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Drug Testing News
keeps a hard lesson fresh in his mind
By SUSAN PAYNTER
SEATTLE POST-INTELLIGENCER COLUMNIST
Terry works the ferries, showers, sleeps and mows his lawn
wearing an electronic ankle bracelet monitor.
Three times a day -- at 7:30 a.m. and 4 and 8 p.m. -- the
phone rings and the Bremerton man blows into a breathalizer in
front of a camera mounted by his computer, turning the digital
read-out toward the camera's eye for the human monitor on the
other end of the phone to see.
Then Terry must blow into another breathalizer in his car
before he can start the engine and head off to work. That's
something he has in common with state Supreme Court Justice
Bobbe Bridge since her Feb. 28 arrest for drunken driving.
Something else they have in common is the candor with which
both accept the blame for doing something so stupid as driving
under the influence.
"Tell the judge she's got a lot of guts to hang her laundry
out like she did," Terry said.
Of all the readers weighing in for and against the spike in
the sale of personal breathalizers since Bridge's dangerous
boo-boo, Terry had the most to say in defense of the little
devices that are now a big part of his life. "It's an
educational tool and it removes any temptation at all that you
might have to try to outfox the system," Terry said. He thinks
most people would be surprised to find that, even when they
feel they're "just fine," they are maybe "double drunk."
Terry's blood alcohol level was .17 -- nearly twice the legal
limit of .08 -- when he was pulled over for a burned out
taillight just eight days before Bridge's arrest.
Because it was his second time -- even though 10 years had
elapsed since he'd last seen a red light in his rear-view
mirror -- Terry spent 30 days in the Kitsap County Jail, where
he didn't like the accommodations much.
"I'm not crazy about oatmeal, you can't order pizza and they
don't deliver the newspaper," said Terry, who hates missing
his morning P-I.
The lesson this second time around has been expensive and, he
It has cost the ferry maintenance man more than $4,000,
counting legal fees, fines and assessments for all the fancy
equipment in his house, his car and on his ankle. And it's
worth every penny because, now, he's gotten the point.
Along with a $1,500 fine, Terry pays $600 a month for the
ankle device and he pays installments on a $2,600 tuition fee
for alcohol class. He also paid $100 to the State Patrol for
administering the breath test he failed. And, cheapest but
most meaningful of all, he paid $20 to a victim's panel where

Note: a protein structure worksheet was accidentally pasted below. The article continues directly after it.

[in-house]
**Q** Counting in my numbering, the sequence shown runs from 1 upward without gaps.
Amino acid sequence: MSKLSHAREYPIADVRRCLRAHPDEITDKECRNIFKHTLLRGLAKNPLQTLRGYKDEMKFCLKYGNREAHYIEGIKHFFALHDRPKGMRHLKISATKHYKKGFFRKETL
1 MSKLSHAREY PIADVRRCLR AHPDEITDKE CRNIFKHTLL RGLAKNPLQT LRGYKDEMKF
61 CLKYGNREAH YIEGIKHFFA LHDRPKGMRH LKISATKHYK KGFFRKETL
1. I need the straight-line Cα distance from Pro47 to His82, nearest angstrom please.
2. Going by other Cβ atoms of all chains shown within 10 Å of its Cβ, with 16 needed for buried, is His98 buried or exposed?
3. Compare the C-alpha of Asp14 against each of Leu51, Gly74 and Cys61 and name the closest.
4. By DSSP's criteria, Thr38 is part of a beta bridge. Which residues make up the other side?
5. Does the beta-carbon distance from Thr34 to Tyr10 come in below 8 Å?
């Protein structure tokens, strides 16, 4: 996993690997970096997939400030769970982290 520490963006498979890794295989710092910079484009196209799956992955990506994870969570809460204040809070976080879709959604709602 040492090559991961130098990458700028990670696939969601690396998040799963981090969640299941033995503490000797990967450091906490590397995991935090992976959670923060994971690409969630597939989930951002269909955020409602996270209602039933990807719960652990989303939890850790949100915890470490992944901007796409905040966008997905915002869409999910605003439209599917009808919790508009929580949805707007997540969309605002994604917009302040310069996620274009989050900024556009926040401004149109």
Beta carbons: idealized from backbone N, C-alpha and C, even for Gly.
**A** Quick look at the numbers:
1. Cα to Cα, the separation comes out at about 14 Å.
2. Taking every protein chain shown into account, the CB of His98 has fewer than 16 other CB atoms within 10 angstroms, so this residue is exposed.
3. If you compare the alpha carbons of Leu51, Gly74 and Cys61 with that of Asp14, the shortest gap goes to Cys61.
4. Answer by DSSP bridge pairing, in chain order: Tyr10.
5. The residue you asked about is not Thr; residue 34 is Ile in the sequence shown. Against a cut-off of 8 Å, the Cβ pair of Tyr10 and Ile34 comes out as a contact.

he faced those whose lives have been devastated by drunken
One woman named Ruby really got to him. Her 13-year-old son
was struck and killed by a drunken driver who left the boy
lying in the street and drove from the scene to a store to buy
some breath mints.
Terry never had an accident. But the self-delusion of that man
is something he can identify with.
Terry says his arrest was the last chorus of the same old song
he's heard a thousand times. "You stop off for a beer after
work. You have more than you planned on. You know you
shouldn't drive but it's raining or you have tools in the
truck that you can't leave, or you've just had a fight with
your girlfriend and you're feeling sorry for yourself.
Besides, you know you can make it home safe."
Terry was within eyesight of his house when the police car
pulled up behind him. And now that breathalizers are in his
life, he wishes they were everywhere. Put them in bars, he
said. Heck, stick them in phone booths.
His girlfriend, who lives next door, sometimes sprints up and
down the fence between them, teasing Terry that she can go
wherever she wants while he is on a leash.
The other day she had had one glass of wine when Terry asked
her to run an errand for him. "Can't drive," she said. "I've
been drinking." Using Terry's breathalizer, she blew a .02 --
well below the legal limit -- and she still wouldn't get
behind the wheel.
And now, Terry swears he won't either. But he'll keep the tool
to remind himself that he had to learn the hard way.
"I like that Will Rogers saying about how people learn," Terry
said. "Some learn by reading, some by observation, and the
rest of us have to pee on the electric fence for ourselves."